Death of Scots man in police custody 'might have been avoided'

Warren Fenty
Warren Fenty -Credit:Fenty Family

A sheriff has ruled that the death of a young man in police custody could have been avoided.

Warren Fenty was 20 when he died from a drug overdose at Kittybrewster Police Station in Aberdeen in 2014. He had been arrested after discharging himself from Aberdeen Royal Infirmary, against medical advice, and was being held in the station's custody suite.

The fatal accident inquiry into his death, which was the longest ever to take place in Scotland, was concluded on Friday. Derek Pyle, the sheriff principal of Grampian, Highlands and Islands, said that custody officers should have conducted cell checks of Mr Fenty in accordance with the then standard operating procedure.

He said in a written ruling that was an opportunity which might have led to Mr Fenty’s readmission into hospital which "might have avoided his death".

Sheriff Principal Pyle said: "I have concluded that no one individual can be held responsible. Indeed, all those involved, whether medical practitioners or police officers, were doing their best in what proved to be quite exceptional circumstances.

Kittybrewster Police Station
Kittybrewster Police Station

"Nevertheless, I do identify certain institutional failures by Police Scotland which, while not on the evidence being the cause of death or indeed materially contributing to it, resulted in missed opportunities to have Mr Fenty returned to hospital where it is likely, although by no means certain, that he would have survived."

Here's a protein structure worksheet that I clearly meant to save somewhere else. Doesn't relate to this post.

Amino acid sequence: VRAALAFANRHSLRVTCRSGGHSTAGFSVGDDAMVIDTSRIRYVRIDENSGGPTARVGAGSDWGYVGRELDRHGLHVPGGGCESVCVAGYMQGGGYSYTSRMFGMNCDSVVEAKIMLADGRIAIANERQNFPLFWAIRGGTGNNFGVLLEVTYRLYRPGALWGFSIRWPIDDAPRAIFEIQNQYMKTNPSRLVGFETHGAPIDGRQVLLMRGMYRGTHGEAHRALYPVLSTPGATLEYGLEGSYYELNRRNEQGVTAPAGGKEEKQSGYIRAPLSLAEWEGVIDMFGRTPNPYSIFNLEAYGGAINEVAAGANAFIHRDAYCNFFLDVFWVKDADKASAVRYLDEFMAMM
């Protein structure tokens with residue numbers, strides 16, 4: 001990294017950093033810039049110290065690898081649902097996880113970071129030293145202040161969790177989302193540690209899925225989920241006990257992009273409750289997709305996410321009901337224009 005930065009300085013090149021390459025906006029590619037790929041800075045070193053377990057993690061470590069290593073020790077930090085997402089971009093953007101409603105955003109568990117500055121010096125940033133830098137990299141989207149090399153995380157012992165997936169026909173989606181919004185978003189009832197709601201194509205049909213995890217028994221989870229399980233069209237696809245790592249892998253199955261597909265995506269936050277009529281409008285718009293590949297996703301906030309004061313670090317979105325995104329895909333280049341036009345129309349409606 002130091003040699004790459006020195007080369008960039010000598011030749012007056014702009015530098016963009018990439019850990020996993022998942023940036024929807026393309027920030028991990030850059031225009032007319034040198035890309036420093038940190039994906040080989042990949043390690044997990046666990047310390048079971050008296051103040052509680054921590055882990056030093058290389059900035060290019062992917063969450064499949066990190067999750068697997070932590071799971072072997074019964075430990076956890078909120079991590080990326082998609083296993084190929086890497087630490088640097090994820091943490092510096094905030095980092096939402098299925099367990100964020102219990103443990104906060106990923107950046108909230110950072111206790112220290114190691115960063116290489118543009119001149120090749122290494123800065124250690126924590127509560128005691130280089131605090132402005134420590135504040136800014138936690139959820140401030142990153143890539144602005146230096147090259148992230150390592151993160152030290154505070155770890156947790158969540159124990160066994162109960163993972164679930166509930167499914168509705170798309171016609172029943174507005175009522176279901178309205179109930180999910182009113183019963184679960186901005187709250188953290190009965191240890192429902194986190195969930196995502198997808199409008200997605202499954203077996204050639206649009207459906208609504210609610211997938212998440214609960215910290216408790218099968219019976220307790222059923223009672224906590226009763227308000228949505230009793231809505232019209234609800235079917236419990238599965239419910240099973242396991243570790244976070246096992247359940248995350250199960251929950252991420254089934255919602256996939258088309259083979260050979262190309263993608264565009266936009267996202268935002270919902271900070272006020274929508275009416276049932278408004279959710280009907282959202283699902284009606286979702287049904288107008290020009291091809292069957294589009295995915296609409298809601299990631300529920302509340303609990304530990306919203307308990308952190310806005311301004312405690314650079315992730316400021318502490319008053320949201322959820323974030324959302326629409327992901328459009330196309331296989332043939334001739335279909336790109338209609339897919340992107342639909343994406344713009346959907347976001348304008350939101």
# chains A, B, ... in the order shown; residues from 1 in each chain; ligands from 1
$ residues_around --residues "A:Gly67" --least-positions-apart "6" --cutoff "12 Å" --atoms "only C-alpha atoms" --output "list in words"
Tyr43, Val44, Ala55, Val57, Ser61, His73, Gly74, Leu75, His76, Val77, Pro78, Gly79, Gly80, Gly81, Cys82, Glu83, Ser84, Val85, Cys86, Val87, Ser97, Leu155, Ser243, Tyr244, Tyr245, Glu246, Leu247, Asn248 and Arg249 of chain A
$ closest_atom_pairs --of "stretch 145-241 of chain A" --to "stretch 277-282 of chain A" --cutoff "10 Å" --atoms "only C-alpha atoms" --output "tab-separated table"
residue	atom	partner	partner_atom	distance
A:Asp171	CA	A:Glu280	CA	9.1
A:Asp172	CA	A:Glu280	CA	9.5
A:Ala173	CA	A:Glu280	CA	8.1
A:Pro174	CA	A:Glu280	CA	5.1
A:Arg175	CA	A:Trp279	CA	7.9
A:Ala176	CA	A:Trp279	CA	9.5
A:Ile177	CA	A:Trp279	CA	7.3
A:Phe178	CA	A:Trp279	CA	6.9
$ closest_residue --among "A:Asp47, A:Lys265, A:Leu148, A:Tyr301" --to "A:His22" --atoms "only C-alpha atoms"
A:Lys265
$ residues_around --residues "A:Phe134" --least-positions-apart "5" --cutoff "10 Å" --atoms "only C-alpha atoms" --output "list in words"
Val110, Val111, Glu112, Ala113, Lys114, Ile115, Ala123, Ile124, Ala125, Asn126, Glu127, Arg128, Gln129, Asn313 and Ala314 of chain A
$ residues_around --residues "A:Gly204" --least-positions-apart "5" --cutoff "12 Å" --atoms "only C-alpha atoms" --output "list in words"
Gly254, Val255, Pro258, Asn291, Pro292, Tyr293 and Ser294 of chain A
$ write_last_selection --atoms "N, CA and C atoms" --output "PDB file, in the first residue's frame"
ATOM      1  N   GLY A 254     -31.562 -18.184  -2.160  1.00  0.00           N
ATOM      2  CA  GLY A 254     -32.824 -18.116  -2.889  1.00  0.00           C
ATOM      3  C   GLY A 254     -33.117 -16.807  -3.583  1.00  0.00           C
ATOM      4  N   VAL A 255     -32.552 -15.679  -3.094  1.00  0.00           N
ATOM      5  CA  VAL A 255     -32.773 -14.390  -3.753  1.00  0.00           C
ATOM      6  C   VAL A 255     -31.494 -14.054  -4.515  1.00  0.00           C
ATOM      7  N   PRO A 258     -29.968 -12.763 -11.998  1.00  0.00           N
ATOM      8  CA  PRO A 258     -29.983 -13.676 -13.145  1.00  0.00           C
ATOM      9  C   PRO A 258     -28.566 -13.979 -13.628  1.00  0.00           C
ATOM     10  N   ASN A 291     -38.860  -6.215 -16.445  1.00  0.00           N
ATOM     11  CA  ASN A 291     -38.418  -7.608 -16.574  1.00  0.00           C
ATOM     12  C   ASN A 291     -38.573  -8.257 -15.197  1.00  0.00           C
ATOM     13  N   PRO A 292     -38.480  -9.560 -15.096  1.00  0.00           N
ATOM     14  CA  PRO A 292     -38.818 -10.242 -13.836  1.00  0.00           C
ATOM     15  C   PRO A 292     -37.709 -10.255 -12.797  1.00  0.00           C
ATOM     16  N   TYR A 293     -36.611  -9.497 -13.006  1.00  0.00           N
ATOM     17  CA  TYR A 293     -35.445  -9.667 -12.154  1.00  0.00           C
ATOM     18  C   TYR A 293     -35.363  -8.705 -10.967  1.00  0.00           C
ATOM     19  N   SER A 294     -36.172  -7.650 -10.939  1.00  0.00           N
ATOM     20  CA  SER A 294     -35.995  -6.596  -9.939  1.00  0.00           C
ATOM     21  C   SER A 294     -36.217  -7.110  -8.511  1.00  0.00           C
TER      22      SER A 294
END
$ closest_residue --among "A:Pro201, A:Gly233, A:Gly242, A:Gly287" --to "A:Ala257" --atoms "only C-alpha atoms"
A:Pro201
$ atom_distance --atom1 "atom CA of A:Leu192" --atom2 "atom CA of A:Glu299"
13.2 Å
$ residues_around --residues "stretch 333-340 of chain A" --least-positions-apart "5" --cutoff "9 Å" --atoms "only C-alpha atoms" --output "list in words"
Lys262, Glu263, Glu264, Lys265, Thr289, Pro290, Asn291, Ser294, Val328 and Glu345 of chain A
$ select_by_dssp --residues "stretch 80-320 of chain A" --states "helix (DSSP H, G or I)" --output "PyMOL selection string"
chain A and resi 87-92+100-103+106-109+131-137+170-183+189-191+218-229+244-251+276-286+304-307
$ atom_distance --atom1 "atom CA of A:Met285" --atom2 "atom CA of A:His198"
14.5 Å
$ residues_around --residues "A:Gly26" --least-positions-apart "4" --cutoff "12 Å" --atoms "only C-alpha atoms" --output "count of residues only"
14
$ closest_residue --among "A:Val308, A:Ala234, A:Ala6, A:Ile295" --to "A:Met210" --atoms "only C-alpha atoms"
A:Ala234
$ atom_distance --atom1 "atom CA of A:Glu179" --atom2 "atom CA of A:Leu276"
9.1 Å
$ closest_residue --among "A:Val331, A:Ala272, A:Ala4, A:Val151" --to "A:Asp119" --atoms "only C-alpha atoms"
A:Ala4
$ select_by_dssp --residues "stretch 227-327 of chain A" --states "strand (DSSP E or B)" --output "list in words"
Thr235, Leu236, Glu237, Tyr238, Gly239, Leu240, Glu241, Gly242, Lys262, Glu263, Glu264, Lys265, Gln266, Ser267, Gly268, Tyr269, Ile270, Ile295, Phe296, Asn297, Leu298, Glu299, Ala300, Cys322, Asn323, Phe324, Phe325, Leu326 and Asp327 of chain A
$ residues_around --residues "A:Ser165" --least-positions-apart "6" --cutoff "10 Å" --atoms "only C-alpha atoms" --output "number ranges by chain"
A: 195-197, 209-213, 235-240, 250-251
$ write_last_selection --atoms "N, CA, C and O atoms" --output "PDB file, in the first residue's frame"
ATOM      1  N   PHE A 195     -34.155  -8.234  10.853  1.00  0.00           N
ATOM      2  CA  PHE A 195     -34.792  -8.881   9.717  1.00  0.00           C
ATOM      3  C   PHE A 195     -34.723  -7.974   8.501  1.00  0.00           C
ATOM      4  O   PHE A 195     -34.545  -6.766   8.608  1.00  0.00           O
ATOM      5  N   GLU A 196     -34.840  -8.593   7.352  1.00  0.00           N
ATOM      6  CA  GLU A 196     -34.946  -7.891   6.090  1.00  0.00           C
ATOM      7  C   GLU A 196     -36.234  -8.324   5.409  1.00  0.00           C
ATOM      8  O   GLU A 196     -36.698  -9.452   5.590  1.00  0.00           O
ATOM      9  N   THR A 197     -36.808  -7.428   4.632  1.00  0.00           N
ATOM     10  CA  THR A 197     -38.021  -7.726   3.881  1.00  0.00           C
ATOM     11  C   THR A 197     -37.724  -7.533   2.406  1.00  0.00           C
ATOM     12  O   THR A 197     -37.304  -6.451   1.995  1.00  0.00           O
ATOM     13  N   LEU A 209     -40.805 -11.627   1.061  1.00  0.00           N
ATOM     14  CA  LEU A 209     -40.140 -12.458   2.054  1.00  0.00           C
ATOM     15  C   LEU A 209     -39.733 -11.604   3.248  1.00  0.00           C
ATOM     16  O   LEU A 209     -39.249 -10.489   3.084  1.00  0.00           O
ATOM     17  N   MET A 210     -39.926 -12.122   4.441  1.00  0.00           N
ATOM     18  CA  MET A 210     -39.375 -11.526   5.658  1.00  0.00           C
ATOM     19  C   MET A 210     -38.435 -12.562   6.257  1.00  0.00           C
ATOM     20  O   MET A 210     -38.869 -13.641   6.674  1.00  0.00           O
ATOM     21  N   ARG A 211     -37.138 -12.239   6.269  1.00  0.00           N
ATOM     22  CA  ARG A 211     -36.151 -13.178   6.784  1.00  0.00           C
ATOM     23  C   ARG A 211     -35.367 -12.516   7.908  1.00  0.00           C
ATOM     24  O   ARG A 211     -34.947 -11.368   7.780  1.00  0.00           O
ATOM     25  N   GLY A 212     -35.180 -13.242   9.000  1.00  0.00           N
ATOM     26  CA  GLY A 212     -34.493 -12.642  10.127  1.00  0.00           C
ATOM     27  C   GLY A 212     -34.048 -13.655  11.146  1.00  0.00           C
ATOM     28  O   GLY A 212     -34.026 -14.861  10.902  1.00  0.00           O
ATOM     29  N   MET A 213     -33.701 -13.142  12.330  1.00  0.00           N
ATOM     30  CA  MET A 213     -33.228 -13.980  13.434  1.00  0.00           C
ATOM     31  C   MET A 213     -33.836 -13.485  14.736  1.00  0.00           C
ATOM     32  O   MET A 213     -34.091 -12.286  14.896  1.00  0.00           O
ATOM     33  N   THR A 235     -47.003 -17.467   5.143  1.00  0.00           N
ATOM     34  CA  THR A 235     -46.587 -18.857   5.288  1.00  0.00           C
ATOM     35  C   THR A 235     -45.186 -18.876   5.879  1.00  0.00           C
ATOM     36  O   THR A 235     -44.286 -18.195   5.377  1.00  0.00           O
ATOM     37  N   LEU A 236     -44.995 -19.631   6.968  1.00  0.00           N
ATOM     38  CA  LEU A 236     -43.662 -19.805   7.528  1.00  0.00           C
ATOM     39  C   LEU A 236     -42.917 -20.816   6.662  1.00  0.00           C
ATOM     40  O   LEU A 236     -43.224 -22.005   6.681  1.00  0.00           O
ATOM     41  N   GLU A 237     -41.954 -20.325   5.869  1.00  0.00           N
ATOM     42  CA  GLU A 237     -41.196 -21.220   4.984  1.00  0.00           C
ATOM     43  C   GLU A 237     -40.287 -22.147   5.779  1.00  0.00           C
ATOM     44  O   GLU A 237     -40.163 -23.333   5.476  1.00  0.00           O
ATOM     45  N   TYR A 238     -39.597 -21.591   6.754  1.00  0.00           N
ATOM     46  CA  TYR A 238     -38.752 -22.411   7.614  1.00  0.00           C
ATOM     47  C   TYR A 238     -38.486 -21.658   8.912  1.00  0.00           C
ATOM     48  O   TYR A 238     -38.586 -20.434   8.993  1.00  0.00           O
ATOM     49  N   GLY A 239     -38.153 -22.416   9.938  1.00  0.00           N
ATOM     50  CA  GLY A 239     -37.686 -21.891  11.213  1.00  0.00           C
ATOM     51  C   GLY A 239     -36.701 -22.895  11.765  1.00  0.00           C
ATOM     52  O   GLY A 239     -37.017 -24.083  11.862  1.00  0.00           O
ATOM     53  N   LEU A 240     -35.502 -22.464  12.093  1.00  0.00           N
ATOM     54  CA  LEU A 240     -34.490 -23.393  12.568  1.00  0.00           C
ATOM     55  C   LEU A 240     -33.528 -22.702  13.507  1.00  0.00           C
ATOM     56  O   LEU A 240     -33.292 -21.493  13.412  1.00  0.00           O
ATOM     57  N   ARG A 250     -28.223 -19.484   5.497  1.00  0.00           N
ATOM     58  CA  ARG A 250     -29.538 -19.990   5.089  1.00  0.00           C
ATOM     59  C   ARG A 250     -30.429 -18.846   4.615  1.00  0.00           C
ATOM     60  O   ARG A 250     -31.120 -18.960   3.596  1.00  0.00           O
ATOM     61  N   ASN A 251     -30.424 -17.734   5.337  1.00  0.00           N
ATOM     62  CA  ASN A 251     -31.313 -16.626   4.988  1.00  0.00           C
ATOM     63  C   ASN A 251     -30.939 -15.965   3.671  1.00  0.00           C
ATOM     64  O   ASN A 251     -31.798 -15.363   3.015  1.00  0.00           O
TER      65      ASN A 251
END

Sheriff Principal Pyle took over the inquiry earlier this year after the original sheriff could no longer continue due to "personal health reasons".

He added: "The investigation of Mr Fenty’s death has taken far too long. It is now 10 years since the event."

Sheriff Principal Pyle said the reasons for that included "the actings of the Crown, and the failure of the presiding sheriff to make the determination, which resulted in my having to take the unprecedented step of taking over the inquiry".

Mr Fenty's mother, Sharon Fenty, has been critical of the 10-year wait for answers.

After the ruling was published, she told the BBC: "It's been a nightmare. I just had to keep on going for Warren's sake. I'm never going to be the Sharon I used to be.

"I am angry. Why has it taken to so long? That was my son. I miss him so much, he should be here."

Chief Superintendent Pat Campbell, Head of Police Scotland’s Criminal Justice Services Division, said: “Following the death of 20-year-old Warren Fenty within Kittybrewster Custody Centre in June 2014, an investigation was conducted by PIRC, which Police Scotland fully co-operated with.

“Their investigation resulted in a number of observations being made. These focussed on staff training, improvements to record keeping and enhancing communication with medical staff when a prisoner is brought into custody from hospital.

“All recommendations were subsequently implemented and rolled out nationally and have been in place for a number of years now.

“We note the findings of the Fatal Accident Inquiry that has since taken place and once again, we wish to offer our deepest condolences to the family of Warren Fenty.”

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